CRM, or Customer Relationship Management, is one of those terms that is used so often, in so many different ways, that many are left asking themselves: What is CRM, really? As the term is most often used, CRM is technology that's used to improve a process wherever the customer and the company interact with each other.
This contact can be what's called "inbound" where the customer initiates the interaction. Inbound contact can be anything from checking an account balance over the phone or online, calling the help desk to resolve an issue, or e-mailing an account manager to order and ask about delivery options for additional products.
"Outbound" contact is company-initiated, and can be anything from sales calls, e-mails to existing customers encouraging cross or upsells, or follow-up e-mails to customers who access online help making sure they have adequately resolved their issue.
Information about the customer's behavior when buying and using the product is then updated in a database. The power of CRM isn't in the contact management or in the database, but the way those two things work together. The preferences and the needs of the customer is always evolving, and with each contact, a CRM solution can further personalize and make the interaction more satisfying and enjoyable for the customer, and more efficient and profitable for the company.
CRM solutions have varying degrees of database reporting capabilities, and this is where CRM can significantly impact the long-term survival of a business by helping sales, marketing, and product managers hone in on an ever-moving target. Imagine an extreme close-up of the individual consumer and a sweeping panorama of the marketplace at the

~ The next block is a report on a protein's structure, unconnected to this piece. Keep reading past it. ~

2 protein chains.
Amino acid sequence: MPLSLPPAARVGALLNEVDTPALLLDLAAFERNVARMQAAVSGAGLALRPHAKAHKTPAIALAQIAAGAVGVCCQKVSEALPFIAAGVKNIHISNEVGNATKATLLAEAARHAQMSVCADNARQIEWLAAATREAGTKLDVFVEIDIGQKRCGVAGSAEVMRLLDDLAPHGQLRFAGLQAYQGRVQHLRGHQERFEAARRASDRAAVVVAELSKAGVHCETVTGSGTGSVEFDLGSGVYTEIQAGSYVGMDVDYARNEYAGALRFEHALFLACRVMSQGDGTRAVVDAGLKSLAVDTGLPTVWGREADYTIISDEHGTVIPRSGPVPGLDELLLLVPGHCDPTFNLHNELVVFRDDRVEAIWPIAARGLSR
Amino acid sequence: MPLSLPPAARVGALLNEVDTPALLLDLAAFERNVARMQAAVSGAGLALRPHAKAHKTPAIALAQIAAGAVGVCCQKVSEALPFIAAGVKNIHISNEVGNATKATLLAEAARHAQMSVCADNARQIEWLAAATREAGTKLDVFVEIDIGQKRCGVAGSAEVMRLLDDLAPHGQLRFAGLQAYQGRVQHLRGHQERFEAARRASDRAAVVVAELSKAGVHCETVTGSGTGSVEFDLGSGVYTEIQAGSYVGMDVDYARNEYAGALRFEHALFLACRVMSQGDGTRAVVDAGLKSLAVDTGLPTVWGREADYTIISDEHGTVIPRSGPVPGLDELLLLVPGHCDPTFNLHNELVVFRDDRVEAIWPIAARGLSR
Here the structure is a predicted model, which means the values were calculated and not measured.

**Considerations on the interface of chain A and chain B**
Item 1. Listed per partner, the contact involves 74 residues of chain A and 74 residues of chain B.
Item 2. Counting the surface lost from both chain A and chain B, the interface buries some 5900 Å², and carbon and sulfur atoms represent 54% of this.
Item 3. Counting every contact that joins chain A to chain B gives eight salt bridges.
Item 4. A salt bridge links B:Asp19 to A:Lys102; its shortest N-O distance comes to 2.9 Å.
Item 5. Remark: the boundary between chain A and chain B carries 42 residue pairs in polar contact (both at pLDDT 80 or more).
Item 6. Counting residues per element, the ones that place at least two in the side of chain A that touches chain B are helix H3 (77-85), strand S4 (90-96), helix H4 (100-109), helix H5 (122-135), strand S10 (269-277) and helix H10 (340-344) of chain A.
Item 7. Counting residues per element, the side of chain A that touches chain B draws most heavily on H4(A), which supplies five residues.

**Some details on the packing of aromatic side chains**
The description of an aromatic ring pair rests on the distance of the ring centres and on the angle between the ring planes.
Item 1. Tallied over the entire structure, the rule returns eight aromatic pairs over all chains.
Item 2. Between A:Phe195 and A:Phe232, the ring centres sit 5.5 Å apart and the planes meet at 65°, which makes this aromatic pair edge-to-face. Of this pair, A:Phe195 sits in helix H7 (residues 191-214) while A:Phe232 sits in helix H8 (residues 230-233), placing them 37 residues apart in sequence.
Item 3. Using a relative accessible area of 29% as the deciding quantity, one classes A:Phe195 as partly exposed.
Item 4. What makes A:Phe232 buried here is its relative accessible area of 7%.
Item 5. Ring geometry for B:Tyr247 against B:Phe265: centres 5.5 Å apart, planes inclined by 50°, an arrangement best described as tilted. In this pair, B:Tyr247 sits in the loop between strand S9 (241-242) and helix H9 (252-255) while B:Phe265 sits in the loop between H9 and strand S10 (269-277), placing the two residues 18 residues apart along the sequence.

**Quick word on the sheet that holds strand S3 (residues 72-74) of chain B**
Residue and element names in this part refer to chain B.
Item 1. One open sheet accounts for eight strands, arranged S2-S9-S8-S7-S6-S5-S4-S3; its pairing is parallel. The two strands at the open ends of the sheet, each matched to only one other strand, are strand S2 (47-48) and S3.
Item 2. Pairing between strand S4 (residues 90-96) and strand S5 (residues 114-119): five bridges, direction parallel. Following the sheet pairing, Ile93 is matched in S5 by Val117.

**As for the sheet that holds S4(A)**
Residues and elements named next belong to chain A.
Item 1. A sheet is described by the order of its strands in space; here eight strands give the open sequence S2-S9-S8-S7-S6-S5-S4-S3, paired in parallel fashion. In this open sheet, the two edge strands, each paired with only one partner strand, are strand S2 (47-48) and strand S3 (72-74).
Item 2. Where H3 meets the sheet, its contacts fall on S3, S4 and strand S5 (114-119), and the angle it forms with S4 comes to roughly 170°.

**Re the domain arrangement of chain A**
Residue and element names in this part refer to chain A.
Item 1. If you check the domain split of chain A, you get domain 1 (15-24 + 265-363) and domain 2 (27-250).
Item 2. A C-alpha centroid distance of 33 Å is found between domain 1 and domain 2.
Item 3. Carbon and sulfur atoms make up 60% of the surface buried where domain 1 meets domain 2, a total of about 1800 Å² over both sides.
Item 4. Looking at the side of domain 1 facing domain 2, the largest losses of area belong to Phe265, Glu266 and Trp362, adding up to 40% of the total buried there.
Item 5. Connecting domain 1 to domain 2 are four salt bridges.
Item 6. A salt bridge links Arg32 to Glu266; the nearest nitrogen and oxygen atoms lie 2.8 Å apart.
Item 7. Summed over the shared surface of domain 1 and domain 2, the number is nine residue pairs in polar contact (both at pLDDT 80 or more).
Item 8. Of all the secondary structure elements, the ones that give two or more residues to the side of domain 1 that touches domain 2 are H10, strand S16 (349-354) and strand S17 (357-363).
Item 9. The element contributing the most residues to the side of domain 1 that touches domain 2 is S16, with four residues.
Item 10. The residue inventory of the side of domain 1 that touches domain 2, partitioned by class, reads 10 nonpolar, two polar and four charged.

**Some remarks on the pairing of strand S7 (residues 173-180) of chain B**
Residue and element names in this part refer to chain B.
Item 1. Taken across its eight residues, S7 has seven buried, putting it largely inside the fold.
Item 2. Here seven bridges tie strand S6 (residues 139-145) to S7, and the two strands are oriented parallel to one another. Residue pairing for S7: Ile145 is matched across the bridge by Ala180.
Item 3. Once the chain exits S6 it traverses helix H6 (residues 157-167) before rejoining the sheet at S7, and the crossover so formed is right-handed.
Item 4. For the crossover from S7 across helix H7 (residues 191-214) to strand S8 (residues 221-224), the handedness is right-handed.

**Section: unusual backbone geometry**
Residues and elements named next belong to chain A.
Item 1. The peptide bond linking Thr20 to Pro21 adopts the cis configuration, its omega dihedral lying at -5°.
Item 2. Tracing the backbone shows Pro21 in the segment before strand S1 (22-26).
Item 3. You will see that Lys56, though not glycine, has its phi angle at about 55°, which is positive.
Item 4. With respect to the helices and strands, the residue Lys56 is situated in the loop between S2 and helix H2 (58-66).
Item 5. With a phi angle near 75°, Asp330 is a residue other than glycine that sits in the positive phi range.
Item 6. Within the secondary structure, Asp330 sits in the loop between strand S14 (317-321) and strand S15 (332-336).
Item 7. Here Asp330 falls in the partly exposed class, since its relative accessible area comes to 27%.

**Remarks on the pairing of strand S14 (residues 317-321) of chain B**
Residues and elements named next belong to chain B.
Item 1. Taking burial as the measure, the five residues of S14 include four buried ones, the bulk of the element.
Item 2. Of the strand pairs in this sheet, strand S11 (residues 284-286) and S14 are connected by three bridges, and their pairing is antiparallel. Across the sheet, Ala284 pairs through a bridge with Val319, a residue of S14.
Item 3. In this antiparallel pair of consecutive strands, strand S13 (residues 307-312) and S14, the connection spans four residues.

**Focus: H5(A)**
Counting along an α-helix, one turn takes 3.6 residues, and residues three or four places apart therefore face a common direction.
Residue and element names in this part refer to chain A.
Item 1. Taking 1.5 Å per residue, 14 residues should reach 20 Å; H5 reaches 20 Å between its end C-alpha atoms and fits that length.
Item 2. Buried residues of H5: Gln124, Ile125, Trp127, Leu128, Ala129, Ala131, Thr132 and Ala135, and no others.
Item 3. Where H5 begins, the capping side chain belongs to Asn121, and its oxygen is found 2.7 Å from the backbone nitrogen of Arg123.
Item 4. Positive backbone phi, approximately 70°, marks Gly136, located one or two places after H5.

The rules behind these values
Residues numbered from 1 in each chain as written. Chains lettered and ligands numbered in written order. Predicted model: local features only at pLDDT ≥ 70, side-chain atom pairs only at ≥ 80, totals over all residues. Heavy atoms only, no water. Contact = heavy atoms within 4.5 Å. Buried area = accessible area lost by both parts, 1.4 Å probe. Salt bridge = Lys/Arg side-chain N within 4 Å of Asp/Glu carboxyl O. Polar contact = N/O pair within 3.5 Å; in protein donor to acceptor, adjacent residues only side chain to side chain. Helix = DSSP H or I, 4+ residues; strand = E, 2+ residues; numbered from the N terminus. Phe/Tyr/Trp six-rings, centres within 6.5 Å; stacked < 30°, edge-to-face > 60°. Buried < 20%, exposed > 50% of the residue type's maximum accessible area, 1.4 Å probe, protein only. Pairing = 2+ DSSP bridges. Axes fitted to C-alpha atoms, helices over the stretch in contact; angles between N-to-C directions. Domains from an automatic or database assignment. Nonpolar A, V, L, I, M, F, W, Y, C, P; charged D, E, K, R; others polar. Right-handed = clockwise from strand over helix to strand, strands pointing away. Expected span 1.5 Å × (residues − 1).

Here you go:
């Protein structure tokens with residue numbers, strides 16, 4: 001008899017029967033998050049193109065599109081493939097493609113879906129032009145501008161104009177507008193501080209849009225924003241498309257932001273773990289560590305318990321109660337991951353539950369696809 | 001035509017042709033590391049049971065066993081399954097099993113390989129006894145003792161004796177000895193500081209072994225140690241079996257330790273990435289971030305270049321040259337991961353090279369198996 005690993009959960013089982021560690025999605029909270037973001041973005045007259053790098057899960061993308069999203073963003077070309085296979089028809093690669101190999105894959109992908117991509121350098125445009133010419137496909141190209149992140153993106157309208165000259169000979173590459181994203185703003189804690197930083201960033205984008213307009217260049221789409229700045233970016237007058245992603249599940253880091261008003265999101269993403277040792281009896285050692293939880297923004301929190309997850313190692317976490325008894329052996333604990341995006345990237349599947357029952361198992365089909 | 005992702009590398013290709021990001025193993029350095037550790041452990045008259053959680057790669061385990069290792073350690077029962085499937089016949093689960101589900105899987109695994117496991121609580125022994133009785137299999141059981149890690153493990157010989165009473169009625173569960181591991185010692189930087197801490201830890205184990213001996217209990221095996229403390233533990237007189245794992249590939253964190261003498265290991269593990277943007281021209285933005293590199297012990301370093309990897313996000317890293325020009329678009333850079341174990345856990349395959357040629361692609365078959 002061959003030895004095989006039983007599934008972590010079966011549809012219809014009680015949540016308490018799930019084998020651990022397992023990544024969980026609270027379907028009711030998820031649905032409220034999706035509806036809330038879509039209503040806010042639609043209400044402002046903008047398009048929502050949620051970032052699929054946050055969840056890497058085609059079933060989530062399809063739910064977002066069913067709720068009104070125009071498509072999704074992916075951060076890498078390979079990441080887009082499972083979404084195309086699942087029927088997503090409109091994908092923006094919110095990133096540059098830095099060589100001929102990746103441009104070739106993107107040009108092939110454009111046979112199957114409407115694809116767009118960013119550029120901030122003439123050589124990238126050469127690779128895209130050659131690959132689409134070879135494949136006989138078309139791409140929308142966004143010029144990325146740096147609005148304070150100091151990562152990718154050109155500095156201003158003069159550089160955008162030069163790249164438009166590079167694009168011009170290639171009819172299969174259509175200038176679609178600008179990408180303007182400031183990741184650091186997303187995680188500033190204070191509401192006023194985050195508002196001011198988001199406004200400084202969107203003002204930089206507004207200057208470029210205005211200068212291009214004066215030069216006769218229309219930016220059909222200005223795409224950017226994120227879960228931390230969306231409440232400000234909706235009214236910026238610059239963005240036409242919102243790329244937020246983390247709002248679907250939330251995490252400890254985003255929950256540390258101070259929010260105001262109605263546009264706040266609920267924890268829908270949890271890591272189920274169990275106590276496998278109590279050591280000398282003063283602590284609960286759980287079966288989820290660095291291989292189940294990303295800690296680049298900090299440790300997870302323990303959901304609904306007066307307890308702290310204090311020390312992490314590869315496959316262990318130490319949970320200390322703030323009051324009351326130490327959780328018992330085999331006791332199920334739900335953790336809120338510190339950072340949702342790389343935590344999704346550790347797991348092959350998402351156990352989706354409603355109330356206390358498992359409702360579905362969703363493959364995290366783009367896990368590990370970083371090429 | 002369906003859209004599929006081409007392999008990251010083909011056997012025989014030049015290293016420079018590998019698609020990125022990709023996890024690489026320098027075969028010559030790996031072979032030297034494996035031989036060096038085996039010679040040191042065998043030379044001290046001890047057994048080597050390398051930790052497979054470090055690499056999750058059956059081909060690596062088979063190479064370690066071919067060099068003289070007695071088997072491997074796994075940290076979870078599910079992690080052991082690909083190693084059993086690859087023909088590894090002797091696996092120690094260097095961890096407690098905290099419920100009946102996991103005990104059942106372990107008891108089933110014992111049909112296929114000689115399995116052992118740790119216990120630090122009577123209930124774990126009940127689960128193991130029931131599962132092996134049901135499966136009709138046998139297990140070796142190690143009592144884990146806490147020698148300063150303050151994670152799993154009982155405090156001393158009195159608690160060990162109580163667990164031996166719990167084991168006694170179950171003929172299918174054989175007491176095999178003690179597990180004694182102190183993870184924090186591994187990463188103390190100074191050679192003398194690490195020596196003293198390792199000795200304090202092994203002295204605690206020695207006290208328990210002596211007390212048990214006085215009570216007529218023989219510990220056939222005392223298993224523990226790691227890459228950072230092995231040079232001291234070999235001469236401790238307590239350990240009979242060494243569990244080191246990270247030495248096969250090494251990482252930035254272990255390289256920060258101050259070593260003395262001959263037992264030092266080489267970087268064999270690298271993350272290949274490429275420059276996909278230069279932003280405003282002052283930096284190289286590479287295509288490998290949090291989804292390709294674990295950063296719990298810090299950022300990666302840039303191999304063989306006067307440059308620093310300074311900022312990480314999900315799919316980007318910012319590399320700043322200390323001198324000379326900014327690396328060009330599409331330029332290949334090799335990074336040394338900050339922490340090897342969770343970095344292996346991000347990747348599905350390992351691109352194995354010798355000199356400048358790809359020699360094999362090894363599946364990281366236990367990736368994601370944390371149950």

Not including the powerful data "snapshot" capabilities in a definition of CRM is like talking about a camera without explaining what kind of pictures it takes. CRM solutions usually have a permission structure in place so that each department and level of management sees the data that helps them do their job better-too much information can make a simple task unnecessarily complicated, and permissions are necessary to keep consumer information secure.
For example, the customer support representative is shown the data relevant to their job-the customer's hotel preferences at a travel agency. The marketing department would be able to see a market segment's responsiveness to different types of marketing programs. Key members of senior management would have access to all of the data, and
would use the CRM system's data analysis features to understand wealth of information on the people who choose to do business with them.
For businesses, the meaning of CRM isn't so much customer relationship management, but customer relationship growth. Thanks to the Internet buyers are more informed than ever-the customer service experience is now the defining factor in many purchase and loyalty decisions.
For complicated sales cycles or businesses that invest significant marketing funds to acquire customers, staying aware of the customer's needs is imperative.
Although seeing how customers connect with the company is an integral part of any CRM suite, just as important is seeing where customers, or potential customer, don't connect with the company. For example, by studying behaviors of customers who don't repurchase a product or service, management might work with all of the departments of a company to increase the customer's awareness of all that the brand has to offer and improve the buying experience.